and harbor improvements. It was useless and expensive machinery, in both the national and the state governments.
The six hundred "first gentlemen of Europe" who make up the British Parliament, constitute an unwieldy body, uncertain and heavy in its movements. And so of the American Congress. It has too many members. When a Congress meets at the opening of a session it is a mob. One member, the vicepresident, has some known duties. The other members are without any special functions, any allotted duties. They must proceed, in the lower house, to puta head on themselves. They must elect a speaker or chairman. Then they choose fifty-seven committees, above and below, and give each of these its work to do. Then, after a Week, or even two or three weeks of delay, they are ready for business.
In place of such cumbrous and indefinite machinery, the scientific method would have twelve departments and thirty-six subdivisions of these, with an officer at the head of each one. When these leaders are to be elected, each candidate knows definitely what duties he is to fill, and the people may judge of his qualifications for those special functions. All is certainty, order and economy.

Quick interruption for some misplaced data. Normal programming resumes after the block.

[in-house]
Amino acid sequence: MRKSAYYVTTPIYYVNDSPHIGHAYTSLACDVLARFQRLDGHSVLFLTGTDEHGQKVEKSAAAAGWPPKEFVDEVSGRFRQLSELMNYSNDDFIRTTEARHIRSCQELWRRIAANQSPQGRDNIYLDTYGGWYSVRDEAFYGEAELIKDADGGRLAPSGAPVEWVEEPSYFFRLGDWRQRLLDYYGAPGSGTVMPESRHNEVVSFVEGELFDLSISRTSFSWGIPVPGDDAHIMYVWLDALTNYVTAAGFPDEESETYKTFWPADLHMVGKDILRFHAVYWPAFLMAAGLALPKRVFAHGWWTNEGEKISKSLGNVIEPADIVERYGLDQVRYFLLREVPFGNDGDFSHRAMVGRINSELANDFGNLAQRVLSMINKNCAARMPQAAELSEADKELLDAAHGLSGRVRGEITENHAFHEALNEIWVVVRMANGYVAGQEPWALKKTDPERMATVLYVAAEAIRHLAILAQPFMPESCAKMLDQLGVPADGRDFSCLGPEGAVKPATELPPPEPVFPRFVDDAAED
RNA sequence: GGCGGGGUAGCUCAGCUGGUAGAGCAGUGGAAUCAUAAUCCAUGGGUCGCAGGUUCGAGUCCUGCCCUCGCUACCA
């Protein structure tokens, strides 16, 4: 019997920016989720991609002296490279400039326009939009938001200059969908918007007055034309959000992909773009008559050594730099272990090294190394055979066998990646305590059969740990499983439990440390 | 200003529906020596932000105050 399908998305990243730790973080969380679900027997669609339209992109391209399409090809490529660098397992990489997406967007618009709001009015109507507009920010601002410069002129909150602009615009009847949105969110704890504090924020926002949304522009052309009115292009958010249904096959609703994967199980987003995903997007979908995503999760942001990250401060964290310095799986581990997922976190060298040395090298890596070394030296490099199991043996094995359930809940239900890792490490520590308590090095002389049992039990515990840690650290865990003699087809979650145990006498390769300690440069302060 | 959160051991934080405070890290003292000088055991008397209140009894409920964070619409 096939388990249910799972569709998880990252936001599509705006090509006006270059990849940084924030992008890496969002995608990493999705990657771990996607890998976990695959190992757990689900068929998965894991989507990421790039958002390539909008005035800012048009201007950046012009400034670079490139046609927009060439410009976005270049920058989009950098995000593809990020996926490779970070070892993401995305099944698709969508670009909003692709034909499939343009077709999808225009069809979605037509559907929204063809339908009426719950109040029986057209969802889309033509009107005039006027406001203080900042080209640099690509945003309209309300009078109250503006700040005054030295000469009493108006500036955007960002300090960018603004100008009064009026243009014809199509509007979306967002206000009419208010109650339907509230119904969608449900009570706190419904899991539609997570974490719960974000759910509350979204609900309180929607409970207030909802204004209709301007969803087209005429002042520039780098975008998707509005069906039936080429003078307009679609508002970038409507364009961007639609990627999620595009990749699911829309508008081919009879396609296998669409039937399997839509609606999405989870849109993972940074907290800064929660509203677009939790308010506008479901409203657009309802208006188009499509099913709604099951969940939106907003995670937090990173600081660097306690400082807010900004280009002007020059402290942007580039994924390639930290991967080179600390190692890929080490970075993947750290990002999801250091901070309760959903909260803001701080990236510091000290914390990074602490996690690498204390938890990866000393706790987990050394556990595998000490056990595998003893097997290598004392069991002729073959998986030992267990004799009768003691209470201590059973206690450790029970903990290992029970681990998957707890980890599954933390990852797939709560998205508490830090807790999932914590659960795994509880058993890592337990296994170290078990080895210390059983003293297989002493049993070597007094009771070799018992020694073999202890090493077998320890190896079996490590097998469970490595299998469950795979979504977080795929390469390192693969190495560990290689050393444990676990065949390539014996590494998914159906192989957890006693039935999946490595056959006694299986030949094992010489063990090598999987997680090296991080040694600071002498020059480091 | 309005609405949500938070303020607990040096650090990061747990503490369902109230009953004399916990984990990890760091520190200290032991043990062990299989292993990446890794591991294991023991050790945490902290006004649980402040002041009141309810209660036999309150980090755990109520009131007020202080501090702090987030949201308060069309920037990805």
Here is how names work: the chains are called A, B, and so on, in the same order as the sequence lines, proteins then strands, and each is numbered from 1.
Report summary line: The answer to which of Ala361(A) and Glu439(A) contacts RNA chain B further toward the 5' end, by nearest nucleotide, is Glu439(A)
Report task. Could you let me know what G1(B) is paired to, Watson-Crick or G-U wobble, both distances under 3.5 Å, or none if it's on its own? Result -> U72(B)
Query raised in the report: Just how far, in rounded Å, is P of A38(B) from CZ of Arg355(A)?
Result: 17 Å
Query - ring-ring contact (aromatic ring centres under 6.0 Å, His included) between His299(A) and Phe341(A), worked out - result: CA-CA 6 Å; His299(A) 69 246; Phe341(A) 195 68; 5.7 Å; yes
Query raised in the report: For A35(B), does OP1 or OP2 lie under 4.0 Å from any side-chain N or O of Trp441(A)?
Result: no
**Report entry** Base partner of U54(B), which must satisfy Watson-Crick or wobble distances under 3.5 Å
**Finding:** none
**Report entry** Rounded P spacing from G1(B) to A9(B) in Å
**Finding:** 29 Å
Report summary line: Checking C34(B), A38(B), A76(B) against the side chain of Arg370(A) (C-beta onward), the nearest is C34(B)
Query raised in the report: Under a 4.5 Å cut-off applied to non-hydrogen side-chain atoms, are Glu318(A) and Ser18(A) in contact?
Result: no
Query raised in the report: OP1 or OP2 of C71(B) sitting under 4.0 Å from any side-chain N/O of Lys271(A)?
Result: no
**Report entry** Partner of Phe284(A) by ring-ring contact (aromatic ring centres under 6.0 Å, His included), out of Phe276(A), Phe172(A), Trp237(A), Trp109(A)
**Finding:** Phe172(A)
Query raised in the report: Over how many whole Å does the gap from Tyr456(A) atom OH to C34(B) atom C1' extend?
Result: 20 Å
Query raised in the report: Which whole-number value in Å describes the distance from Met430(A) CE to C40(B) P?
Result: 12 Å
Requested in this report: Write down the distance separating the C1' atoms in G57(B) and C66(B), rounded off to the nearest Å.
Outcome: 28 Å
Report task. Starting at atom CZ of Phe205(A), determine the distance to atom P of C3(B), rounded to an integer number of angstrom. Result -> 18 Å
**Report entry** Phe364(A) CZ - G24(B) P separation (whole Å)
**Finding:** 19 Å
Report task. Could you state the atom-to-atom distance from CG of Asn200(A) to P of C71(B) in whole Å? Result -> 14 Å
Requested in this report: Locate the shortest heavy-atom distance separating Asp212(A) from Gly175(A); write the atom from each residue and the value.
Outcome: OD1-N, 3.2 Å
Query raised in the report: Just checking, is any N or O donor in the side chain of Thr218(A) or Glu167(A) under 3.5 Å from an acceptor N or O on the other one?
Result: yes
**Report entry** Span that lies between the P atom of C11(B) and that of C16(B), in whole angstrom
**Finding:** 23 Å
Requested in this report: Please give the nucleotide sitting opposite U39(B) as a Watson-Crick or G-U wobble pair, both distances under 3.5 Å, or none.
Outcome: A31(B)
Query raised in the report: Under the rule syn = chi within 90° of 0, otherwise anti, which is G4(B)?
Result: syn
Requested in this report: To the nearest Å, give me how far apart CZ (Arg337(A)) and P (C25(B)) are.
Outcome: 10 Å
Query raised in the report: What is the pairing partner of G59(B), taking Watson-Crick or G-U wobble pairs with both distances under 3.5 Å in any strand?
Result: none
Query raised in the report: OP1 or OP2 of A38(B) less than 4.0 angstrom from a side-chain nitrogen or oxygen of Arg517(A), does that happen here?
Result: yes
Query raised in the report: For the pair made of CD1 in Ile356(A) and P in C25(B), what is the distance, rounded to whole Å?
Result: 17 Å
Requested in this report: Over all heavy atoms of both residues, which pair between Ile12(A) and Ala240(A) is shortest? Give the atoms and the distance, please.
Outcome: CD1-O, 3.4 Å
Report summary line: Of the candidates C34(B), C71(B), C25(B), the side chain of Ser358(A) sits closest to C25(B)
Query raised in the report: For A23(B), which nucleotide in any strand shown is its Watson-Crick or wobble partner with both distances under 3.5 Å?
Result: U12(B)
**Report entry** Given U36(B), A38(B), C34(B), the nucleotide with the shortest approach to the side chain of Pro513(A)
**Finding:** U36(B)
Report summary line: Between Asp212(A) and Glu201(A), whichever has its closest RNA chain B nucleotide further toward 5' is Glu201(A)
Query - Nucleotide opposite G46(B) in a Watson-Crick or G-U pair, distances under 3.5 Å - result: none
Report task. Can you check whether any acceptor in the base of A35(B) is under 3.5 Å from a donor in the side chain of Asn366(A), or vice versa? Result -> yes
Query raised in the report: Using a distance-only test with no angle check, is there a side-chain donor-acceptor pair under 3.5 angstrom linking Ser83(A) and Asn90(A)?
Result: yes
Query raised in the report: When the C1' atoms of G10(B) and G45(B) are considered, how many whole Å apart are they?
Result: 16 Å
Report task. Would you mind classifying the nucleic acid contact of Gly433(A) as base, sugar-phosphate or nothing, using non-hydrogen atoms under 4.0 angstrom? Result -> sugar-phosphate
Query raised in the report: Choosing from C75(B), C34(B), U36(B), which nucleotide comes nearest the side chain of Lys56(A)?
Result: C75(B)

The new method would immensely reduce the expenses of the national and state governments. Yet it covers twice as much ground; represents twice as many functions.
THE NORMAL METHOD of action in the brain is
for each organ to start the impulse intended to supply the needs which belong to its proper functions.
For example', the organ of reason may require